Photo: Bertrand Guay Agence France-Presse French farmers began blocking traffic Monday afternoon near Jossigny, about 60 miles northwest of Paris.
France Media Agency in Paris
The mobilization of farmers throughout Europe reached a new milestone on Monday in France with the start of the “siege” of Paris, which raised fears of a “week of all dangers” between angry peasants and security forces. 'French order.
Detentions are now taking place on at least four highways a few dozen km from Paris, according to the government website Sytadin, in operations supervised by the police.
In total, eight motorway “blocking points” have been planned by the main trade unions, in order to create a “siege of the capital” announced “for an indefinite period”.
And according to the gendarmerie, 30 departments are affected, by various actions
- The anger of French farmers spreads on the roads
- Demonstrations across rural Europe
Faced with the risk of excesses, 15,000 members of the police were mobilized. As of Sunday evening, a large device including armored gendarmerie vehicles had been deployed near Rungis, the largest fresh produce market in the world, south of Paris, AFP noted.
The French President, Emmanuel Macron, gave “instructions” to “guarantee that tractors do not go to Paris and large cities so as not to create extremely serious difficulties”.< /p>
In the afternoon he brought together several ministers at the Élysée for an “update on the agricultural situation”. He must then leave for Sweden on Tuesday and Wednesday, before an extraordinary European Council in Brussels on Thursday.
There he will discuss with the President of the European Commission, Ursula von der Leyen, the support measures expected by farmers. The exchange will focus in particular on the freezing of the trade agreement that the European Union is negotiating with Mercosur and the arrival of Ukrainian products in the union, according to the French presidency.
The bosses of the unions which announced the “siege” of Paris, the FNSEA (National Federation of Farmers' Unions) and the JA (Young Farmers), are also invited at the end of the day -noon to a meeting with the head of the French government, Gabriel Attal, while the executive announced “new measures from [Tuesday]”.
Between highway blockages and tractor parades, agricultural discontent first manifested itself in December and January in Germany, before affecting France, but also Romania, Poland, and Belgium.
While dozens of tractors organized a snail operation on Sunday on a motorway in southern Belgium, and several ports were blocked Monday by German farmers, including that of Hamburg, the largest in the country, the siege of Paris resonates like a new course in European mobilization.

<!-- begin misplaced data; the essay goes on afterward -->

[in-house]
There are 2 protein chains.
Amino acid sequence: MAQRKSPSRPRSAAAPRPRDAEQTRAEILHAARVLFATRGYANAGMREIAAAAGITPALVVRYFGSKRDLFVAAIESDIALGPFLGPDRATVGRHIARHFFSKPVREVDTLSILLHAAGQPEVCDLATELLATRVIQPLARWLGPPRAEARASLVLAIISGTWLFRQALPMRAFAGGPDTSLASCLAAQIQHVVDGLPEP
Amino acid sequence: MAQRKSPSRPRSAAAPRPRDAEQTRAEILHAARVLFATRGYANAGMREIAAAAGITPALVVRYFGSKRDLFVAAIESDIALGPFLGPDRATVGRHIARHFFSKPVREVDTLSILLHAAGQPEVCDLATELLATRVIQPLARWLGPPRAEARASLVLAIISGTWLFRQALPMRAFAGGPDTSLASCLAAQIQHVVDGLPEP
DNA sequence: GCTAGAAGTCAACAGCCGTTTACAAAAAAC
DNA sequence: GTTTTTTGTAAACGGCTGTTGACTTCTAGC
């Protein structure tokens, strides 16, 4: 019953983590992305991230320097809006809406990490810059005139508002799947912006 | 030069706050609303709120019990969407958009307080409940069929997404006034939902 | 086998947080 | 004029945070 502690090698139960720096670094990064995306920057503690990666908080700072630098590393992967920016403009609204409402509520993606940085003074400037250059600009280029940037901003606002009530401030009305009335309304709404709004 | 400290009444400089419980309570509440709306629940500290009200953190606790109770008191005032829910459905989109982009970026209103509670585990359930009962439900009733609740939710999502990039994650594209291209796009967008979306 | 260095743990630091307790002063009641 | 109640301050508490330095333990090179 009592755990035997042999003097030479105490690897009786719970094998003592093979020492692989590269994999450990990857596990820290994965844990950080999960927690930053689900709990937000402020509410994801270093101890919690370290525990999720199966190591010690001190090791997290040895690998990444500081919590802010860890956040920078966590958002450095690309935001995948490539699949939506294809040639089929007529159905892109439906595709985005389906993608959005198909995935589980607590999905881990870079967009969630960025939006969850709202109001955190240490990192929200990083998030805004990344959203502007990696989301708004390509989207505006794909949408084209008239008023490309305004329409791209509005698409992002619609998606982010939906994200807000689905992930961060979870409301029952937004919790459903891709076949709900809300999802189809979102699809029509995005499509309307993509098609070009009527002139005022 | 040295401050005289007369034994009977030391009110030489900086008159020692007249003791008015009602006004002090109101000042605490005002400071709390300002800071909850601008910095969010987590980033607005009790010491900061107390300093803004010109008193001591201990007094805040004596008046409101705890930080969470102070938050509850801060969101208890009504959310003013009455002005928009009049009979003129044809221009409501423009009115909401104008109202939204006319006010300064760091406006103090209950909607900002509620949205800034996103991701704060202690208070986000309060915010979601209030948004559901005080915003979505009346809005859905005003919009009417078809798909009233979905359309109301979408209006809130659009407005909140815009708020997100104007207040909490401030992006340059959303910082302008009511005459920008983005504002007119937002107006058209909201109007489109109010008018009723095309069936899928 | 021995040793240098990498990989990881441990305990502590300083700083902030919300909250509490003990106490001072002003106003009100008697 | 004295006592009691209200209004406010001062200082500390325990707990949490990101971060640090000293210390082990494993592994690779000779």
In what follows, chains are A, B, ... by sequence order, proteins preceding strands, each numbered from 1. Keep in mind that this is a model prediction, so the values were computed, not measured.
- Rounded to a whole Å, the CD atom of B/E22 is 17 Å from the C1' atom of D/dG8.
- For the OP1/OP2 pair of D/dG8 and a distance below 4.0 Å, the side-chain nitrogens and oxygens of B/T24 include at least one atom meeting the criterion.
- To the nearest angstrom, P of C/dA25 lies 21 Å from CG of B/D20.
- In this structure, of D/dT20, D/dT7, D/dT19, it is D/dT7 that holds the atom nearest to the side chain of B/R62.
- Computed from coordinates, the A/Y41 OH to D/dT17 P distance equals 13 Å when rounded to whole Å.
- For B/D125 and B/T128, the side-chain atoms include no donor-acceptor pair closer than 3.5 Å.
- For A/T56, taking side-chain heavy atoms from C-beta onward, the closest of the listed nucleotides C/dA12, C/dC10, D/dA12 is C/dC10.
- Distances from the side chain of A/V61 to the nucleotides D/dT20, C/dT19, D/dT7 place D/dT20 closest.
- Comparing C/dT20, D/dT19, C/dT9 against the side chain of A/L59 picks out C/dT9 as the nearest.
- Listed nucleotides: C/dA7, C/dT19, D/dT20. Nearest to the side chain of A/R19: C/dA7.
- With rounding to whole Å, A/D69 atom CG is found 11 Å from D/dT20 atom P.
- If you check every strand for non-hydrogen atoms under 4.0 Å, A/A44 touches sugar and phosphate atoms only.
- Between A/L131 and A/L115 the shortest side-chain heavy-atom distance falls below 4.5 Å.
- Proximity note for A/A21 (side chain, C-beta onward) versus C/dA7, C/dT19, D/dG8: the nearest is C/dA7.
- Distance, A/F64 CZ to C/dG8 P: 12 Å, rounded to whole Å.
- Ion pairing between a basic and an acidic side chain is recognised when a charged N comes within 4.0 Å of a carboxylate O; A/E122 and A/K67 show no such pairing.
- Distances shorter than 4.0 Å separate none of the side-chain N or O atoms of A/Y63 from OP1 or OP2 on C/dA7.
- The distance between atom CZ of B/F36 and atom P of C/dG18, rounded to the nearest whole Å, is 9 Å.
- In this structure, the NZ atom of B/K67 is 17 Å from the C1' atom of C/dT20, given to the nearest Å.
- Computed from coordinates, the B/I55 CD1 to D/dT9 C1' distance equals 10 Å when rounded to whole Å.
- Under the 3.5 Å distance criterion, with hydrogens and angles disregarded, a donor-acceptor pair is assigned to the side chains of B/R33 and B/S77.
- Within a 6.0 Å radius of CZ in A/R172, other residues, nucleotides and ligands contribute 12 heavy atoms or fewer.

Explosion of imports
Extreme climatic episodes, avian flu, soaring fuel prices or even an influx of Ukrainian products exempt from customs duties, there is no shortage of common factors of discontent.
The new European Common Agricultural Policy (CAP), which has strengthened environmental obligations since 2023, and the legislation of the European “Green Deal” (or “Green Deal”) – even if they are not yet in force. vigor — particularly crystallize anger.
France may well be the first beneficiary of European agricultural subsidies with more than nine billion euros per year (more than CA$13 billion), its farmers denounce a CAP which they believe is disconnected from the field.
“France is one of the only major agricultural countries whose market shares are declining,” pointed out a French senatorial report in September 2022. In twenty years, it has gone from second to sixth place in the world for its exports — and third in Europe, after the Netherlands and Germany.
“Food imports into France are exploding: they have doubled since 2000 and sometimes represent more than half of the foodstuffs consumed in France in certain families”, continued this study.
European farmers denounce unfair competition, in particular because imported products are generally not subject to the same regulations.
Responding to anger
The number of agricultural holdings in France has also been divided by four in 50 years: from 1.5 million in 1970, there are now less than 400,000.
Prime Minister Gabriel Attal, who visited one of them on Sunday, vowed to “move quickly” to respond to the anger, after announcing on Friday the abandonment of the increase in a tax on tractor diesel and heavy sanctions against agri-food manufacturers who do not respect price laws.
Insufficient measures for the protesters.
The sequence which opens on Monday is that of a “week of all dangers, either because the government does not hear us, or because the anger will be such that everyone will then take their responsibilities”, warned Arnaud Rousseau, the president of the FNSEA.
The current movement is the third major crisis facing the executive since the start of Emmanuel Macron's second five-year term, after the pension reform which had triggered massive popular demonstrations throughout the country in 2023, and the adoption of a controversial immigration law in December.